Bella Abzug Reflects on Working Toward Peace
are still regarded by many male politicians and the media
as a special-interest group, as if we were peanut or chicken-feed
lobbyists. That description makes me angry. Let us remember
who we are.
We are a majority of this nation. From its founding, we
have worked in its fields, homes, shops, and factories.
We have borne and raised its generations. We have nursed
the sick and cared for the old; we have taught the children.
We have cooked, cleaned, done all the household chores,
and worked without pay as family chauffeurs, seamstresses,
laundresses, hostesses, and all-purpose nurturers. We have
given millions of hours in volunteer work to countless organizations
and institutions that provide human services. We have served
in the armed forces and given our lives for our country.
We have paid taxes and created wealth by our labor. We have
enriched our national culture and been the most public-minded
citizens and do-gooders. We have done all this in the face
of discrimination and wage exploitation, yet when we sought
to get a guarantee of equal rights into our Constitution,
the men who hold effective power would not give it to us.
As in other nations, the United States, throughout its
history, has been marked by conflict between classes and
social groups, between male rule and female subordination,
between those who would reserve power only for the moneyed
elite and those who say democracy must be shared by all
the people. Today, those of us who place humane, predominantly
female values and democratic rights in the foreground are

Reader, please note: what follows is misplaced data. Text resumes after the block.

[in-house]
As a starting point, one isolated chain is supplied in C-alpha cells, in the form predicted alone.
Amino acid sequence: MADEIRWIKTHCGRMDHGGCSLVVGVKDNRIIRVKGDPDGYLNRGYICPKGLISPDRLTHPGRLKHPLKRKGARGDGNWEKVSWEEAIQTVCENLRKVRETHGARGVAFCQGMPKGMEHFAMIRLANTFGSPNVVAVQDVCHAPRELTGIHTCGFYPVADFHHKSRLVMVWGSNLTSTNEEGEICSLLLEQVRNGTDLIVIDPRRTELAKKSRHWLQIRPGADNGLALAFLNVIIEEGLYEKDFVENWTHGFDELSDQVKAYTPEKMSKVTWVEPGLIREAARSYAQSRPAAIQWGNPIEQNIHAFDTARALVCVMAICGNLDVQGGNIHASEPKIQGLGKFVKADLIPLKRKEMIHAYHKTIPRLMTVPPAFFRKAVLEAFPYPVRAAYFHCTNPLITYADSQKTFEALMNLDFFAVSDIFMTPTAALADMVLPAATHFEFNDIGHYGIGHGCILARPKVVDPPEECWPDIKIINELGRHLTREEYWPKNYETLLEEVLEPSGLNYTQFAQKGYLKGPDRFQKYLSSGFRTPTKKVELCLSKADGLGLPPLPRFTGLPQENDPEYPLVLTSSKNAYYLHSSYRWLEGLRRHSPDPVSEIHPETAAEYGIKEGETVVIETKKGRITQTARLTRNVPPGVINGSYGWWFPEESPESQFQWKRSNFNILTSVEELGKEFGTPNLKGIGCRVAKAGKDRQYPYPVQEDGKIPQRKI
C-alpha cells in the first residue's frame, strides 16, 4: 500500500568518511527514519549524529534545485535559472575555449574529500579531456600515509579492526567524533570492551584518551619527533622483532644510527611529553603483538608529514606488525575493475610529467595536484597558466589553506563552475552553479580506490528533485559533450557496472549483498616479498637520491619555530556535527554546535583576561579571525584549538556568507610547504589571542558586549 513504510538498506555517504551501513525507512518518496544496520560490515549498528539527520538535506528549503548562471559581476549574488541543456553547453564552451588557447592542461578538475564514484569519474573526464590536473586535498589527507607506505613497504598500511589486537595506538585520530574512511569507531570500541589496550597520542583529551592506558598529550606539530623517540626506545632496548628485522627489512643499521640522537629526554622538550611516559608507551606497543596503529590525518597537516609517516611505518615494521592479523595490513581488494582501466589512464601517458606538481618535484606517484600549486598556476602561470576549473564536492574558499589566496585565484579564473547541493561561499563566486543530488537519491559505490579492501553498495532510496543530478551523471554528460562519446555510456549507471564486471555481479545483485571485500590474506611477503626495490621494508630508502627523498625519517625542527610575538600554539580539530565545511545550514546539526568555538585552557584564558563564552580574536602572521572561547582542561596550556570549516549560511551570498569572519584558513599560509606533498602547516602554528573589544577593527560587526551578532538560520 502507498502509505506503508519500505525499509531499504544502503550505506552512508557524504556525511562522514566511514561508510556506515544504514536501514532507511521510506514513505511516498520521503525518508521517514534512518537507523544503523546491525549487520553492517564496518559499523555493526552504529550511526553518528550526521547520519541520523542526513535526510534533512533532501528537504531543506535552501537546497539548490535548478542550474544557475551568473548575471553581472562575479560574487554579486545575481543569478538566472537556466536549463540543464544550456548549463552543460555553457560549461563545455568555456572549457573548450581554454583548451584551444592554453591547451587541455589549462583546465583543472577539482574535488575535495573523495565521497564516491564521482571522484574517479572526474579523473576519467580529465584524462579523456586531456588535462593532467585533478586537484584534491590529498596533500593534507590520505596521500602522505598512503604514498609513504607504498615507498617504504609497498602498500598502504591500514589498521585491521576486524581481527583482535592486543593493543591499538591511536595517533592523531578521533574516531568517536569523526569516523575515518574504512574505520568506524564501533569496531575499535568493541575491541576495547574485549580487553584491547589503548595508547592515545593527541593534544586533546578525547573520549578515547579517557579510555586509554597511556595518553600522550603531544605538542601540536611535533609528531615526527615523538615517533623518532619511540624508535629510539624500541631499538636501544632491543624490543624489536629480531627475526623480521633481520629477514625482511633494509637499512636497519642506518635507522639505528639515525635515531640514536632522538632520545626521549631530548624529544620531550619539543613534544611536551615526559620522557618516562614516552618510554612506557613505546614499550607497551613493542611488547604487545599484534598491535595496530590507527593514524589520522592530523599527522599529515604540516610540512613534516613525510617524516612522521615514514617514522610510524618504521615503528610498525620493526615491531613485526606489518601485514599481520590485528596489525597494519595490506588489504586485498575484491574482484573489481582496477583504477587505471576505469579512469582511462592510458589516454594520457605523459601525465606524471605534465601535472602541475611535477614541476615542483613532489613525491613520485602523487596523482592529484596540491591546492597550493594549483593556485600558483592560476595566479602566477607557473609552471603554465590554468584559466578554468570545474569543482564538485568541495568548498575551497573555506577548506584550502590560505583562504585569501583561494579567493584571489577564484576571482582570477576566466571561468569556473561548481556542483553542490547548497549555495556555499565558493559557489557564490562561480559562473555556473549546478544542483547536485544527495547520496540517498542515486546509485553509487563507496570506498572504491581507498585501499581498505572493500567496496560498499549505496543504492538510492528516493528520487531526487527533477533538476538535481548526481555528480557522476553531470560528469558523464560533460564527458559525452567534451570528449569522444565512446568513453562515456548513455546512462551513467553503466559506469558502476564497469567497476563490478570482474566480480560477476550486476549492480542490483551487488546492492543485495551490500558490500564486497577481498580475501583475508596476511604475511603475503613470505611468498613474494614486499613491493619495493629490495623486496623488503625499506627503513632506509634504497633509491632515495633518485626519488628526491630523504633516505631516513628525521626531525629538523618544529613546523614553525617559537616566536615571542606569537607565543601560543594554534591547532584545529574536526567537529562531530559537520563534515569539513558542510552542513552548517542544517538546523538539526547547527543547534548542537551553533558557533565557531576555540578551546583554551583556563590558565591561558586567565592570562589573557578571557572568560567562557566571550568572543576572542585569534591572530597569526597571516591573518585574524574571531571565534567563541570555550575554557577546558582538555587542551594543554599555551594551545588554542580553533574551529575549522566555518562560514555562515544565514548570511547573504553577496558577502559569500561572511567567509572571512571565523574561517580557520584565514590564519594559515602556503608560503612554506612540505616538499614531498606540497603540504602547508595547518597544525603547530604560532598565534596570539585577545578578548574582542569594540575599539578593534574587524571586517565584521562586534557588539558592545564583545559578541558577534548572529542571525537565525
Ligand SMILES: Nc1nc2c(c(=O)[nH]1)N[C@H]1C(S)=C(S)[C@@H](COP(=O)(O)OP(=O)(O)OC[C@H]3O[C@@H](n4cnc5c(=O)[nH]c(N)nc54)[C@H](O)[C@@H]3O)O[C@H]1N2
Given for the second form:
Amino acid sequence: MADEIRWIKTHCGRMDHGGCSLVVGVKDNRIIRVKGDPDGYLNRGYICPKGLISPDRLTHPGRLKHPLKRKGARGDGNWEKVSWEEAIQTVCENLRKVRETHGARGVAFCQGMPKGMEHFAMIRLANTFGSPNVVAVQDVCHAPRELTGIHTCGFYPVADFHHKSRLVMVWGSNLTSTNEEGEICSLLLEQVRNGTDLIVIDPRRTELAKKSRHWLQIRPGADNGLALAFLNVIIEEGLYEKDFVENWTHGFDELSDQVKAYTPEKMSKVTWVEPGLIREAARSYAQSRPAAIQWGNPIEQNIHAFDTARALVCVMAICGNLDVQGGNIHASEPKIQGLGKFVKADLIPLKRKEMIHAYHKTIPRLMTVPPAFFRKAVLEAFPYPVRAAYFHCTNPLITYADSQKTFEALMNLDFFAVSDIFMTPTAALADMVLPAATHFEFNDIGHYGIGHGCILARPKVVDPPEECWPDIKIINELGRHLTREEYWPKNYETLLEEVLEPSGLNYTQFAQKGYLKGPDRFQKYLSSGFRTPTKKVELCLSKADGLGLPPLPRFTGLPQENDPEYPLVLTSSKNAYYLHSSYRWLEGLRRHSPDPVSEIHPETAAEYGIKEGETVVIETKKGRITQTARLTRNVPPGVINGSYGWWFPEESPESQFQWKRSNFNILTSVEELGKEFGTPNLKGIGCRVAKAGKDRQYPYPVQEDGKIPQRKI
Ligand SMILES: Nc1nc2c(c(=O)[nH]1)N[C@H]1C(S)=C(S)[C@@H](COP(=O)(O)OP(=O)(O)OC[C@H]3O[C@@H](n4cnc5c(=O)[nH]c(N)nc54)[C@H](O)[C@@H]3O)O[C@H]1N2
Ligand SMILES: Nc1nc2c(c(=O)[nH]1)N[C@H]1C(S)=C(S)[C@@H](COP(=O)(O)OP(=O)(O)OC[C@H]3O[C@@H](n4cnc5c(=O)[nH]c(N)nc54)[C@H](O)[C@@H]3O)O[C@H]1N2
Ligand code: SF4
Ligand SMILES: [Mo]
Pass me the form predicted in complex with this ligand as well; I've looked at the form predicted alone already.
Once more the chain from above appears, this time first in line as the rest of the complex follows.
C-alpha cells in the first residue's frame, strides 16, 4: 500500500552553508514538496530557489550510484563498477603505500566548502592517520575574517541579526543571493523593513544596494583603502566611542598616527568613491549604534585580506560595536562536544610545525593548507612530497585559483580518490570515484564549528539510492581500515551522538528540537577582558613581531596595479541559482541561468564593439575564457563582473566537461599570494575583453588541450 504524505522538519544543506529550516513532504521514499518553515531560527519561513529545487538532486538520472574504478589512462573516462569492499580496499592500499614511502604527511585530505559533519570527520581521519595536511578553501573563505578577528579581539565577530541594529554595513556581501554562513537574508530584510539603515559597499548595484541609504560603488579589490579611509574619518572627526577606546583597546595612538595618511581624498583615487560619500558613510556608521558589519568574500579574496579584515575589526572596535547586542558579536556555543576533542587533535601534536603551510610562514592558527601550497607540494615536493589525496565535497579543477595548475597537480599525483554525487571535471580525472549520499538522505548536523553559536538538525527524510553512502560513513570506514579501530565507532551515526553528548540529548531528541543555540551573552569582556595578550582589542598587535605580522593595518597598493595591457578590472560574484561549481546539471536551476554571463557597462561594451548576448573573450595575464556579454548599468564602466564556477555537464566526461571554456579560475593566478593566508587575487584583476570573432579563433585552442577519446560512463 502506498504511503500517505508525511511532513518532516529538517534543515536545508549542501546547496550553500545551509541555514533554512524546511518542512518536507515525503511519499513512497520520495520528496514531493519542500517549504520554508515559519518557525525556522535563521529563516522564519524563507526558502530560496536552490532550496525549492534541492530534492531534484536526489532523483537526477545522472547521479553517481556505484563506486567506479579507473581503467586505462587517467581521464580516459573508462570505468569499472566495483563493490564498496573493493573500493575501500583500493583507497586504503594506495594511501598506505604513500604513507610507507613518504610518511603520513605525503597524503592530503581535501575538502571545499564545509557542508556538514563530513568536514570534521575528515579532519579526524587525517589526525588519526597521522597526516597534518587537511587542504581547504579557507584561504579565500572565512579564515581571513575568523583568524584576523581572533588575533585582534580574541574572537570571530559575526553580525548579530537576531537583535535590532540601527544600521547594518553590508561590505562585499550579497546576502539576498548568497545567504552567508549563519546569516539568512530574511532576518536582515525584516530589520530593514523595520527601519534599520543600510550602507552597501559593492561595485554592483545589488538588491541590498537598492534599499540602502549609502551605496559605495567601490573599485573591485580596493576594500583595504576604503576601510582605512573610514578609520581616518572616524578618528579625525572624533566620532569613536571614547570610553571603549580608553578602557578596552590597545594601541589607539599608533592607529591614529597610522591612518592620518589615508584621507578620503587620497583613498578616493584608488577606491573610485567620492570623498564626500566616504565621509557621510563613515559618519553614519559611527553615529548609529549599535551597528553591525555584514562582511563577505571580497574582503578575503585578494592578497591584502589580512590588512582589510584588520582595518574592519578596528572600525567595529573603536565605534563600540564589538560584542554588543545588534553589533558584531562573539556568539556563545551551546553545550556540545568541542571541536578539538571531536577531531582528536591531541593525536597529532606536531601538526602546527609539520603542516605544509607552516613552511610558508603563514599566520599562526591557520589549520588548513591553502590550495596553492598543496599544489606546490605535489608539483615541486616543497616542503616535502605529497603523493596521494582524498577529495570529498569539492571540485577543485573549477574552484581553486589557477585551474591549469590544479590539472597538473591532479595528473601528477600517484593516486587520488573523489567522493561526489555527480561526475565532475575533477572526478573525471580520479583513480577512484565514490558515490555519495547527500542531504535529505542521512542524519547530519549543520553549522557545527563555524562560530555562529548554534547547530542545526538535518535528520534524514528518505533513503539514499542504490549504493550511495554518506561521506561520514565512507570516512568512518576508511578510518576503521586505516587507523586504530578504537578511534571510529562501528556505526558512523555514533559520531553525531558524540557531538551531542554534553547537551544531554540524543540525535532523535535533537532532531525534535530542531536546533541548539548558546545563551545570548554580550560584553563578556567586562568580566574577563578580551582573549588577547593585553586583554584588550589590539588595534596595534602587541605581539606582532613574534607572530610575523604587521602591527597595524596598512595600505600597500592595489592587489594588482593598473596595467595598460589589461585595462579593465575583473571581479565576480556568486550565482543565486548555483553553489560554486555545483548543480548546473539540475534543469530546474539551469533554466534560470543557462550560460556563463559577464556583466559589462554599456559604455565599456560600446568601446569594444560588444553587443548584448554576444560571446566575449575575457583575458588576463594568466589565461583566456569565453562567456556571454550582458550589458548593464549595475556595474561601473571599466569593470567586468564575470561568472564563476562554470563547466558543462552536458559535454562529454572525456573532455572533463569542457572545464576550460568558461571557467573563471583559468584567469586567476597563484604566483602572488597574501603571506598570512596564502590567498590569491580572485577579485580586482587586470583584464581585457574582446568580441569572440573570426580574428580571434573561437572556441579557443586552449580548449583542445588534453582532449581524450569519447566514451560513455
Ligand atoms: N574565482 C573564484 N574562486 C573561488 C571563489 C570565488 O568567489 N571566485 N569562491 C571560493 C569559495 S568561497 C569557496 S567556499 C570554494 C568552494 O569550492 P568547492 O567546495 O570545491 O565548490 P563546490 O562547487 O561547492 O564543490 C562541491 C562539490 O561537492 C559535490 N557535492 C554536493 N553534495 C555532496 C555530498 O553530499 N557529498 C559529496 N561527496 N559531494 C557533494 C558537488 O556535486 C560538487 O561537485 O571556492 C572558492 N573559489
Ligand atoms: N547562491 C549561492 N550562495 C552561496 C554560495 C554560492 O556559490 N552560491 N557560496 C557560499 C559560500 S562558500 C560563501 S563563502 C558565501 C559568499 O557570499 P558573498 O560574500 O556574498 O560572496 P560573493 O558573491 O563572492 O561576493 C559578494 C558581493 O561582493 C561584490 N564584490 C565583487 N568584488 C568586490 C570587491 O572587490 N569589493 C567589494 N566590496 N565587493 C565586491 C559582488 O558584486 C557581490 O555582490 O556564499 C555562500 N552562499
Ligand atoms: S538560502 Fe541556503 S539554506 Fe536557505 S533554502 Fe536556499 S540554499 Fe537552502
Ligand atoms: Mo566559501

being attacked . . . for offering what they ridicule as
"old ideas." But eating every day, having work,
shelter, clothing, education, and health care are ideas
that will never go out of style, no matter how much heads
of corporations hope that robots will replace human beings
and that women will meekly continue to accept lower wages
and inferior status. . . .
The gender gap is not an unresolvable war between the
sexes and it may very well reflect the different ways in
which men and women are acculturated. According to national
polls, men support our quest for equality on the more narrowly
defined women's issues but seem much less willing to examine
critically the premises of society and governmental decisions
in the same way that women are unafraid to do.
As long as male voters continue to accept and defend the
status quo, there will continue to be a gender gap. That
voting and opinion gap does not reflect the views of all
women, but its breadth and depth is unquestionable, and
it will continue to grow until the majority views of women
prevail. I believe that eventually the different thinking
of women will register in the consciousness of men as well,
and then the gap will narrow. I look forward to that day.
In the meantime, participating in politics, registering,
and voting are the minimum that we can do. It is an opportunity
that millions of women and men in many other nations do
not have. Some have died for this basic democratic right.
You don't have to die for it. You just have to walk into
a voting booth in your neighborhood and pull the lever.
That is . . . the first and easiest step toward making
possible our dream of equality for women in a more peaceful
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